Sexual Violence, the Patriarchy, and the Government Shutdown

Sometimes current events that don’t seem related begin to overlap and parallel in weird and uncomfortable ways. Earlier this year I wrote about a string of oddly connected stories in Connecting the dots: Nice Guys™, MRAs, mass shooters, and aggrieved entitlement. I discussed how the thread of aggrieved entitlement (an unfortunate product of a deeply patriarchal culture) underlies the Nice Guy™, MRA, and mass shooter phenomena. This time, the release of a groundbreaking new study on young people and sexual assault, Chris Brown’s childhood rape, and the government shutdown feel eerily connected.

This week, a groundbreaking study on sexual assault among young people was published in JAMA Pediatrics.  The study found that 9% of young people have committed sexual violence: 8% reported that they kissed, touched, or “made someone else do something sexual” when they “knew the person didn’t want to”; 3% verbally coerced a victim into sex; 3% attempted to physically force sex; 2% perpetrated a completed rape. (The numbers don’t add up because some perpetrators admitted to more than one behavior.)

Perpetrators reported having higher exposure to violence pornography (non-violent porn had no correlation to sexual violence). They also found that 98% of perpetrators who committed their first perpetration at 15-years-old or younger were male, whereas by the time they reached 18- or 19-years-old, perpetrators were more evenly split between men (52%) and women (48%). Perpetrators who began perpetrating later in life were also less likely to get caught. To top it all off, 50% of all perpetrators said that their victim was responsible for the sexual violence committed against them.

On October 4, Chris Brown (notorious for his violent assault against his girlfriend Rihanna) told the Guardian about “losing his virginity” at age 8 to a teenage girl. Many outlets have appropriately acknowledged that this is rape. Olivia A. Cole deftly explained why Brown’s framing of the event is problematic: “Chris Brown was raped, but to hear him tell it, that experience was positive, healthy. Something to brag about. “At eight, being able to do it, it kind of preps you for the long run, so you can be a beast at it.” Cole writes:

Can you imagine being sexually abused and then growing up being told that this is a good thing? That your sexual potency has been enhanced? That rape was a “head-start” into the wonderful world of sex? The damaging system that tells girls they are worthless after rape has a disgusting flip side for boys: you have worth now. This violence has made you a god.

Then we have the government shutdown. The Tea Party and their conservative Republican friends are being the worst kind of sore losers — the kind that decide to flip the table over rather than play the hand they were dealt. The Affordable Care Act (“Obamacare”) is law, and shutting down the government is not a rational, reasonable, or in my opinion, legal way of trying to “undo” a law whose constitutionality was upheld by the Supreme Court.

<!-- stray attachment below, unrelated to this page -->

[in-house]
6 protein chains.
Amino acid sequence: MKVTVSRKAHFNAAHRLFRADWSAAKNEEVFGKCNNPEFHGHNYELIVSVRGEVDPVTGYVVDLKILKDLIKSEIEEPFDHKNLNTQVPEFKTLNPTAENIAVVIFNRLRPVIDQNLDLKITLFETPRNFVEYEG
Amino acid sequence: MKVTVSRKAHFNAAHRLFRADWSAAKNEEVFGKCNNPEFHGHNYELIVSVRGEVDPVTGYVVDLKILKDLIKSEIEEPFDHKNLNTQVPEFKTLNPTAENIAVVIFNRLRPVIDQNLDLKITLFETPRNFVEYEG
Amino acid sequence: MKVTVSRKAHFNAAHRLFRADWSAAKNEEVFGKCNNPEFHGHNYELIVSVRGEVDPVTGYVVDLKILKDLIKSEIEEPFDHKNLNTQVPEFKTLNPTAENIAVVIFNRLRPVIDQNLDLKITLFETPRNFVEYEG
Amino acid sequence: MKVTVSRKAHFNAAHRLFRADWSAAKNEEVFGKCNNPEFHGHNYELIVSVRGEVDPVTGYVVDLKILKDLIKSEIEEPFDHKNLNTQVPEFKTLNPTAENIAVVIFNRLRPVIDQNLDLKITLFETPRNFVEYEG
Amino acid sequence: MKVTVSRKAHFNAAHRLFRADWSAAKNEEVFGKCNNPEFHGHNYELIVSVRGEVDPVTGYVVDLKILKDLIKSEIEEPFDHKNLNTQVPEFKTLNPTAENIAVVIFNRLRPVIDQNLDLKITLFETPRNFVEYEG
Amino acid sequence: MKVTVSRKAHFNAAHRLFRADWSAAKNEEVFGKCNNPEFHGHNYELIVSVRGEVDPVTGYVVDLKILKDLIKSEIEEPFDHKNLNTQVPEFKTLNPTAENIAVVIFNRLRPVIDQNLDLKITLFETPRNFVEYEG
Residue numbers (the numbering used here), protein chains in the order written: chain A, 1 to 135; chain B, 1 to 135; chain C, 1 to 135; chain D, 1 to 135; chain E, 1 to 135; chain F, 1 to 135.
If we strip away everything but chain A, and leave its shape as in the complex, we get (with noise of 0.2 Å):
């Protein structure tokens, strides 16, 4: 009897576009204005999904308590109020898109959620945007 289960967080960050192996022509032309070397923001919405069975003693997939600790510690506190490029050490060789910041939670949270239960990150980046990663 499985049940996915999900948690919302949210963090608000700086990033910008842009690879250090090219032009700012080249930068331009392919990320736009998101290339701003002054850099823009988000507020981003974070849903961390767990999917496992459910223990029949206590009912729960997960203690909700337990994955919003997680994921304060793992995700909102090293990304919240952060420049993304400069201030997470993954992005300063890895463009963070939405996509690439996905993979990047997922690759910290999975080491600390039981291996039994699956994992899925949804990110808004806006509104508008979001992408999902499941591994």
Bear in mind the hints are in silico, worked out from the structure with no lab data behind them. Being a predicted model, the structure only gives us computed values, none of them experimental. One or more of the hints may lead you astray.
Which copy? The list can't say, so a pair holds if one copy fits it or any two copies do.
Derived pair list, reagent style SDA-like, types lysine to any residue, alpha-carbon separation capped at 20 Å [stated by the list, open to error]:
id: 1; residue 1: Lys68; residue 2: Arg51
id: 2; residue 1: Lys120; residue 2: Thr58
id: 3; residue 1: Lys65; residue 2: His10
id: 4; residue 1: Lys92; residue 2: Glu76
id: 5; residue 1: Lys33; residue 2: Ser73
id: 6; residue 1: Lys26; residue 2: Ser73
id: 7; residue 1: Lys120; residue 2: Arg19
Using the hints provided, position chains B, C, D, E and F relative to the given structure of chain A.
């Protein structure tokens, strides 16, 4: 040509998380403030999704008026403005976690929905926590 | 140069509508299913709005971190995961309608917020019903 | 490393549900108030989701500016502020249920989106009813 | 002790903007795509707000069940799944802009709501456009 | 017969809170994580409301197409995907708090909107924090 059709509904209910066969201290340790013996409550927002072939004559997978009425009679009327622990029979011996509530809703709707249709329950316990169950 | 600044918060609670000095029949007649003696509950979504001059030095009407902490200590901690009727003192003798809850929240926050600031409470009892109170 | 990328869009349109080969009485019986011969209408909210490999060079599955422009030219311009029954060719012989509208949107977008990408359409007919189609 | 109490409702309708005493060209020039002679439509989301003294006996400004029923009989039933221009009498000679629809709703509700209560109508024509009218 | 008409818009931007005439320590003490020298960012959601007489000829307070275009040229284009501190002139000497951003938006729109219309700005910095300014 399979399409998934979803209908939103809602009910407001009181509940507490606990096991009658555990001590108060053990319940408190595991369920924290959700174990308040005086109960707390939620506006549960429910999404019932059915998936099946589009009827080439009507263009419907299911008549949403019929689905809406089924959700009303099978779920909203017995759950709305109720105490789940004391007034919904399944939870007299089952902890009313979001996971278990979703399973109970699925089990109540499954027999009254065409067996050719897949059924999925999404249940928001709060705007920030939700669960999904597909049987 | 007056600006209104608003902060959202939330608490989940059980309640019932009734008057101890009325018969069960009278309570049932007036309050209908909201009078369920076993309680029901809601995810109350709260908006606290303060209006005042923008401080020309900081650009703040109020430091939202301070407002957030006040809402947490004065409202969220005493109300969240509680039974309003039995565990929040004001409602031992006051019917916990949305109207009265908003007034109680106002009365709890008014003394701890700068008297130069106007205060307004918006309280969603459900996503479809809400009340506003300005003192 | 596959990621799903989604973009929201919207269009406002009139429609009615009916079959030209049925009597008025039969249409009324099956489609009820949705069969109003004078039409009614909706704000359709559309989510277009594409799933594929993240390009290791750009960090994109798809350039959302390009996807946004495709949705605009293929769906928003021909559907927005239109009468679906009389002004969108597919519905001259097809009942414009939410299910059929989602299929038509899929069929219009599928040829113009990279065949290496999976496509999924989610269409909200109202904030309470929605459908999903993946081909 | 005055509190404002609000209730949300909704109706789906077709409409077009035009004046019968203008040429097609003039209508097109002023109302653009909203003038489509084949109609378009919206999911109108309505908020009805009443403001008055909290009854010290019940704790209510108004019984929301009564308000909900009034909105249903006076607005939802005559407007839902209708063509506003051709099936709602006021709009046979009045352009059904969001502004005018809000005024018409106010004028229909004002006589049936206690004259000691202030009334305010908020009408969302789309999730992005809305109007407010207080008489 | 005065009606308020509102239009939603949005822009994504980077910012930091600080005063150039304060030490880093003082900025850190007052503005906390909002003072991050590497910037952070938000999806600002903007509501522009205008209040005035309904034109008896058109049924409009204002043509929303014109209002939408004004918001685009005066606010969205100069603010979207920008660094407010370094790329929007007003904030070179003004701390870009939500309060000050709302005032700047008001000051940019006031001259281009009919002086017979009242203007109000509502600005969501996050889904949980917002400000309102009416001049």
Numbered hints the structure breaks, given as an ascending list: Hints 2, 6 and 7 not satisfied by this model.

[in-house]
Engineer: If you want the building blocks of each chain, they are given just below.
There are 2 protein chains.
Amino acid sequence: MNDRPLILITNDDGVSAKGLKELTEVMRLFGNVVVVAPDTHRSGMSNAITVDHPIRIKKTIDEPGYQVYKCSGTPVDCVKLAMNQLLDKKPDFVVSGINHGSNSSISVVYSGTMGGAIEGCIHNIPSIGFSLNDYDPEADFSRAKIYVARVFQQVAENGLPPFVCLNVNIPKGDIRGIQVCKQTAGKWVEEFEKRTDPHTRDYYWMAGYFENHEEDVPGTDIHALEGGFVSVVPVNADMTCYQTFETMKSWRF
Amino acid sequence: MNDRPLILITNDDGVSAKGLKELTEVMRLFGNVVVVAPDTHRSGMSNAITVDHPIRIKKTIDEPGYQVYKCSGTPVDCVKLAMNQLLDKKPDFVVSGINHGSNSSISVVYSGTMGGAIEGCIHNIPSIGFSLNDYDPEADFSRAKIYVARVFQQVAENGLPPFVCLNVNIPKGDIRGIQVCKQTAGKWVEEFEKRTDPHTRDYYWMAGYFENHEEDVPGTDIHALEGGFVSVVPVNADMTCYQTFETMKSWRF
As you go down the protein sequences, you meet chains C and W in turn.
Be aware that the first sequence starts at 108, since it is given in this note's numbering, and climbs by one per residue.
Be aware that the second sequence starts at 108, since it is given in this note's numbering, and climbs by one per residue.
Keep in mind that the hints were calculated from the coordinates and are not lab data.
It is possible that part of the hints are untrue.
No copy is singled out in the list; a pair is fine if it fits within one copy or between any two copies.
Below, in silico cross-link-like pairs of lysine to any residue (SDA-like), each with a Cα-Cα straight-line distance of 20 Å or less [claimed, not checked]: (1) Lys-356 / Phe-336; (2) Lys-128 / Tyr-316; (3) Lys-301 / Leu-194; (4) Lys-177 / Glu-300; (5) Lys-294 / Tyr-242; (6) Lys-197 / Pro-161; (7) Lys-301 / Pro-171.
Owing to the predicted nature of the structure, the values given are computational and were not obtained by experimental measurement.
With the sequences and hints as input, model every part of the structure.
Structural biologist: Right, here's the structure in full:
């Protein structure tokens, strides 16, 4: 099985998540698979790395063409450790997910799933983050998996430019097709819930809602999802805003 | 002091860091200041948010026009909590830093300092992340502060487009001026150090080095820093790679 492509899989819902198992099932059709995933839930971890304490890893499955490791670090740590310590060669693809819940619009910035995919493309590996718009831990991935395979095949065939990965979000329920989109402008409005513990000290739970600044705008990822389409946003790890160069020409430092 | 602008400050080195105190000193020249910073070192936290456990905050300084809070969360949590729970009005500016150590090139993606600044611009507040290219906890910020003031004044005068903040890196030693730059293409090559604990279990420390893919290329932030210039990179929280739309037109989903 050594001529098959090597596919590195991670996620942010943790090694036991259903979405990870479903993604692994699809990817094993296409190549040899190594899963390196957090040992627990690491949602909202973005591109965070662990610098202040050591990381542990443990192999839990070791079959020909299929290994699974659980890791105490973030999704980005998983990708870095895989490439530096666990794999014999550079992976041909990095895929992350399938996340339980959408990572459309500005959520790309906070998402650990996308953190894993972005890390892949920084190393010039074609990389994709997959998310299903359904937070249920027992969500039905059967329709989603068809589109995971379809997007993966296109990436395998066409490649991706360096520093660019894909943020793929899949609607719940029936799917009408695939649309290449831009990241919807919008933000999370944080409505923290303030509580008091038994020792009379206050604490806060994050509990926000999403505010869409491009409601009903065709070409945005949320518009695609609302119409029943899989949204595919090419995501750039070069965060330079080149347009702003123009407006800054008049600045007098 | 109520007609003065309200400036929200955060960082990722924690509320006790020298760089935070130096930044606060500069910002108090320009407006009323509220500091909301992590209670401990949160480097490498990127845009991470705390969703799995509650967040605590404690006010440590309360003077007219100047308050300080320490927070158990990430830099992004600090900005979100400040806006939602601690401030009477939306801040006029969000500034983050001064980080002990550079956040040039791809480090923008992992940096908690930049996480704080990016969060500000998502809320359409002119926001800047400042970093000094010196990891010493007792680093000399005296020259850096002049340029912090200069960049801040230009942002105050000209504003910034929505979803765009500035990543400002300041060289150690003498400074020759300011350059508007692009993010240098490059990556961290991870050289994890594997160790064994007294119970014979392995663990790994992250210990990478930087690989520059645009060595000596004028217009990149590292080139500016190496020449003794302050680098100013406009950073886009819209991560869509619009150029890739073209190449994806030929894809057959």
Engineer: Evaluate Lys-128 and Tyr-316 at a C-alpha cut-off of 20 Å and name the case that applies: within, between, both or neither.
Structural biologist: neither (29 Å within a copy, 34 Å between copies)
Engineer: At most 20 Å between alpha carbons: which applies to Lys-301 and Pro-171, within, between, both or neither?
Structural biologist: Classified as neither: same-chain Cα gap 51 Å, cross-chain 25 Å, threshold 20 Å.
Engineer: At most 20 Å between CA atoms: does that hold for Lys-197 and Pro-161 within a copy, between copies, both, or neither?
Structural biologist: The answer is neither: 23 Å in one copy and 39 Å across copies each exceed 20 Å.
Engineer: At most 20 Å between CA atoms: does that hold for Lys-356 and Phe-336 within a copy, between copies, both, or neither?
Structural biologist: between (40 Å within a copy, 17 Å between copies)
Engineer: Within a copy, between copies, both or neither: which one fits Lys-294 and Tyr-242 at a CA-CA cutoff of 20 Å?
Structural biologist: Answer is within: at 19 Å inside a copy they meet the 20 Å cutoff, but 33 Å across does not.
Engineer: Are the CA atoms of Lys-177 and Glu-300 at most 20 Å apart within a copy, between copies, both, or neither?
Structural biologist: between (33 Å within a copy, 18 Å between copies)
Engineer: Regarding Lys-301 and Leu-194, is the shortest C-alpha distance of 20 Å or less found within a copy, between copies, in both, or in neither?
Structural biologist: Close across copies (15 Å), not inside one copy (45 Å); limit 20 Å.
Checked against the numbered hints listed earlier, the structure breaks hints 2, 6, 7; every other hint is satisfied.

Robert Parry suggests that this is about more than Obamacare. He places the debate over Obamacare within the historical narrative of federalism vs. state’s rights, which was, notably, a big deal when the country was divided over the constitutionality of slavery. He writes:

The relevance of this history to the present is not only that the ideological descendants of the Confederacy are now up in arms over the election and reelection of the first African-American president but that they are insisting on the slaveholders’ distortion of the Constitution, over its truly “originalist” interpretation and the plain reading of its words.

The overwhelmingly white Tea Party, with its foothold in the overwhelmingly white Republican Party, has now developed a new variation on the theory of “nullification,” asserting that the Tea Party’s Confederate-style interpretation of the Constitution must be accepted by the rest of the nation or the country will face endless political extortion.

Through this lens, the Tea Party’s hostage-taking stance is, in effect, a tantrum over the looming loss of privilege and power for white men.

So where is the connection?

A small but significant percentage of America’s young people are perpetrating sexual assault at alarming rates. They are most commonly using verbal coercion (including threats) and manipulation to do so, all the while while believing their victims were responsible for their assaults. A small but significant percentage of America’s adult leaders are using coercion, including threats, to shut down our government – an action resulting in harm to our nation’s most vulnerable populations. Populations that these same adult leaders believe to be responsible for their own poverty or vulnerability.

Chris Brown’s story reminds us of the role that aggrieved entitlement has to play here.

Aggrieved entitlement inspires revenge against those who have wronged you; it is the compensation for humiliation. Humiliation is emasculation: humiliate someone and you take away his manhood. For many men, humiliation must be avenged, or you cease to be a man. Aggrieved entitlement is a gendered emotion, a fusion of that humiliating loss of manhood and the moral obligation and entitlement to get it back. And its gender is masculine.

Patriarchy hurts men as much as it hurts women by eliminating any space for men’s victimization. It does not allow male victims to let themselves feel victimized, or allow the rest of us to take men’s victimization seriously. Instead, it teaches men to get revenge by victimizing others.

Unfortunately, sexual coercion has become a “normal” part of teenage sexuality. Aggrieved entitlement flourishes in a culture that treats sex like a commodity: we teach men to measure their worth by how much sex they “get” from women, while conversely we teach women that their worth is determined by what they “give away.”